-- David Harlow

November 09, 2006

2007 Medicare OPPS and ASC fee schedule finalized

CMS released the 2007 hospital outpatient prospective payment system (OPPS) and ASC rule and fee schedule last week.  It went on display November 1; it will be published in the coming weeks with an effective date of January 1, 2007.

UPDATE 11/27/06: The final rule was published Friday 11/24 in the Federal Register.

As is the case across many of CMS's activities lately, one overarching emphasis of the rule is quality.

An excerpt from the CMS press release, available in full here, follows:

CMS estimates that hospitals will receive an overall average increase of 3.0 percent in Medicare payments for outpatient department services in 2007 due to the changes in this final rule.

While the market basket update accounts for increases in the costs of providing a service, much of the growth in outpatient spending results from increases in utilization and complexity (volume and intensity).  CMS estimates that between 2005 and 2006, hospital outpatient expenditures increased by nearly 12 percent, mainly due to growth in the volume and intensity of services.  CMS projects that the expenditures under the OPPS in CY 2007 will be approximately 9.2 percent higher than the estimated CY 2006 expenditures.  That rate of growth in expenditures is of great concern to CMS, not only because of its impact on all taxpayers, but especially on beneficiaries whose monthly premiums cover 25 percent of Part B expenditures.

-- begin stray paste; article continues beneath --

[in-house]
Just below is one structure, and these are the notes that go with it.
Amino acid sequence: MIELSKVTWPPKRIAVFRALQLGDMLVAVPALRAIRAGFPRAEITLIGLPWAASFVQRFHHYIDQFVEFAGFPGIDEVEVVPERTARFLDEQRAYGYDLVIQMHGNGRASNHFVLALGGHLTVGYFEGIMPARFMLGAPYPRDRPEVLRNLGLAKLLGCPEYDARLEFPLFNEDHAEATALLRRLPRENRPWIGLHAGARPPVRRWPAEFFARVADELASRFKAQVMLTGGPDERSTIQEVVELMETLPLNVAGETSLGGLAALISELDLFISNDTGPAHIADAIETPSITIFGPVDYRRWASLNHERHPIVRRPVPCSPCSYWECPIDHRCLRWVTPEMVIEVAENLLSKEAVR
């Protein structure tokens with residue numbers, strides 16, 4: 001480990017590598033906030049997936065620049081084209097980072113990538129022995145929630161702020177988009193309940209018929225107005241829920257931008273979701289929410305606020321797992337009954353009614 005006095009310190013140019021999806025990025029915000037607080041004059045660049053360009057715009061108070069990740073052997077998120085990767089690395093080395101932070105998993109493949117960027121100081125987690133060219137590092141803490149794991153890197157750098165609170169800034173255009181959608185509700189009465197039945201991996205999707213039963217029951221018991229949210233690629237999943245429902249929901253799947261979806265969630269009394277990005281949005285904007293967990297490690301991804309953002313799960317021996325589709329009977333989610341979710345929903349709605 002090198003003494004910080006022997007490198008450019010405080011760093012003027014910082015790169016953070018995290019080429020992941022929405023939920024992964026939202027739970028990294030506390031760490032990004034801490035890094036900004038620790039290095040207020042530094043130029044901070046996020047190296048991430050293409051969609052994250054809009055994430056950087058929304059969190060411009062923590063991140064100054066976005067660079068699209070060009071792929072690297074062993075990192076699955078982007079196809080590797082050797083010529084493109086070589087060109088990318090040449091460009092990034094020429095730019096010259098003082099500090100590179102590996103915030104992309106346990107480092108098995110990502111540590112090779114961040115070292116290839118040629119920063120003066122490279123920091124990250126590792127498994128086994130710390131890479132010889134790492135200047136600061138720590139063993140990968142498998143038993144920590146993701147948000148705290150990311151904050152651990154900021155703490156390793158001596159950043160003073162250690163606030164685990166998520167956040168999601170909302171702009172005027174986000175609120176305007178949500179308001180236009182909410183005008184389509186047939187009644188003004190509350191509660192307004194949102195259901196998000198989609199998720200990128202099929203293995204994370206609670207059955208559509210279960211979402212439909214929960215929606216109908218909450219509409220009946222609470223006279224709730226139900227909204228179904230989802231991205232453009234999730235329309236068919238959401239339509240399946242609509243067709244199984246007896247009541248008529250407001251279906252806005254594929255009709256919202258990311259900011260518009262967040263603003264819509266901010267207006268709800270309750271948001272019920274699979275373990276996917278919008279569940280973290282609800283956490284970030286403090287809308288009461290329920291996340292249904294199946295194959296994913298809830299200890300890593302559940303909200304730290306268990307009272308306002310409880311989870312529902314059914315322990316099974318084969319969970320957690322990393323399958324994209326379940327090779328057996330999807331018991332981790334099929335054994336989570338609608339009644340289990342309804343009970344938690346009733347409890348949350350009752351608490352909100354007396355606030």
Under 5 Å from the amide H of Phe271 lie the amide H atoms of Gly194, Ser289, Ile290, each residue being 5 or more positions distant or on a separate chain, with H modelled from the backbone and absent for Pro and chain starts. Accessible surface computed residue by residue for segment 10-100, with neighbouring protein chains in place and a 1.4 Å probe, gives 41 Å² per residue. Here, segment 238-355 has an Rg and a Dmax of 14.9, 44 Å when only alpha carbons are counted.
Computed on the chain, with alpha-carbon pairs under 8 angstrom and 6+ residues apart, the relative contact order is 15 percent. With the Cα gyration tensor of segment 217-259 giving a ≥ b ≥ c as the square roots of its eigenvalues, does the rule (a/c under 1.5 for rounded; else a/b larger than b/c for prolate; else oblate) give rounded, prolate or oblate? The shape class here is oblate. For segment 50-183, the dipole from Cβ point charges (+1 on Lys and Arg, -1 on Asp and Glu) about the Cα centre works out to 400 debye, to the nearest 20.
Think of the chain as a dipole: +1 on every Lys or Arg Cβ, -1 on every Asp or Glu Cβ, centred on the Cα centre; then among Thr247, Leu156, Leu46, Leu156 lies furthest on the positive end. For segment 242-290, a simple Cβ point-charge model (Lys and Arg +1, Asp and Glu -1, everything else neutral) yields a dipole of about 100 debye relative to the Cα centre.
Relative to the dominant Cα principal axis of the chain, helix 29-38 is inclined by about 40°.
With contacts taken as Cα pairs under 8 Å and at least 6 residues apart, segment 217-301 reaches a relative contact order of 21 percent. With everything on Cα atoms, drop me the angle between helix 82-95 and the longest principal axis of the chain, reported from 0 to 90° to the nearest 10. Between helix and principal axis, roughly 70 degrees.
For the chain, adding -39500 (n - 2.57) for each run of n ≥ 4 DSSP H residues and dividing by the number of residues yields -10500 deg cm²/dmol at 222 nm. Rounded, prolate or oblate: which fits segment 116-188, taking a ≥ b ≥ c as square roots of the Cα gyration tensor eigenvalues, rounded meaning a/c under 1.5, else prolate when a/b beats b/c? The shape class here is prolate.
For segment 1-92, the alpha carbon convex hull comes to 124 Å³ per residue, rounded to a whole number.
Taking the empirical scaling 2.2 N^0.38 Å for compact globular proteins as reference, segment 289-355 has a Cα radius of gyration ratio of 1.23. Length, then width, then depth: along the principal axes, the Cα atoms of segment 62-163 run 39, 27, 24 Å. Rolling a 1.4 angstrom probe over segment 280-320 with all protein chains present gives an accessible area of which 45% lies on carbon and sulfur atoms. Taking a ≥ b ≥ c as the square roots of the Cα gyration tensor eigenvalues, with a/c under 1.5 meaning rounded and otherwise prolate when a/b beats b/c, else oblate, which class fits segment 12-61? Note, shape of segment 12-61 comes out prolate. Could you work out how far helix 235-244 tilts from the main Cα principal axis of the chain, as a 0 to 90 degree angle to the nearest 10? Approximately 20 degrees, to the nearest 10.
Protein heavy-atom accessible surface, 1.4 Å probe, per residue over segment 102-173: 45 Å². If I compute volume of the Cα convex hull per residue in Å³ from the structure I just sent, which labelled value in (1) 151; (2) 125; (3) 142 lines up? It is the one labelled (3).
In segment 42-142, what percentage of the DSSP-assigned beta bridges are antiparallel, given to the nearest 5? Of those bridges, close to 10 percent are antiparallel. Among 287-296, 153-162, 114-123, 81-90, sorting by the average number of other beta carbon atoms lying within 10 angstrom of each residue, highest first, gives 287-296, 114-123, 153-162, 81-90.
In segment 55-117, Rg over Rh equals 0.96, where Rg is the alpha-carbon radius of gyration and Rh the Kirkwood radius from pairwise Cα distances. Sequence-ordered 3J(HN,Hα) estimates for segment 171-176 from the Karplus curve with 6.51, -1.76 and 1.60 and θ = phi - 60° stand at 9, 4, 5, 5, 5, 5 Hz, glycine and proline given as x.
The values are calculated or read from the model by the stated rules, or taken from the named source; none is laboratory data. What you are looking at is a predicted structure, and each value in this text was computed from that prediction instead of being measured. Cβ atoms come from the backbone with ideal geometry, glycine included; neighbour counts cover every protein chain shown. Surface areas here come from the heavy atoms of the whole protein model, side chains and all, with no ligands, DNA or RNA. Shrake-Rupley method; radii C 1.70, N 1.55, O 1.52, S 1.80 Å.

In order to promote greater value in the purchase of hospital outpatient services for Medicare beneficiaries, the final rule ties OPPS rate increases to the reporting of quality measures beginning in 2009.  The final rule announces CMS’ plans to develop additional quality measures that are specifically appropriate for hospital outpatient care, and will require hospitals to report the outpatient-specific measures beginning in CY 2009.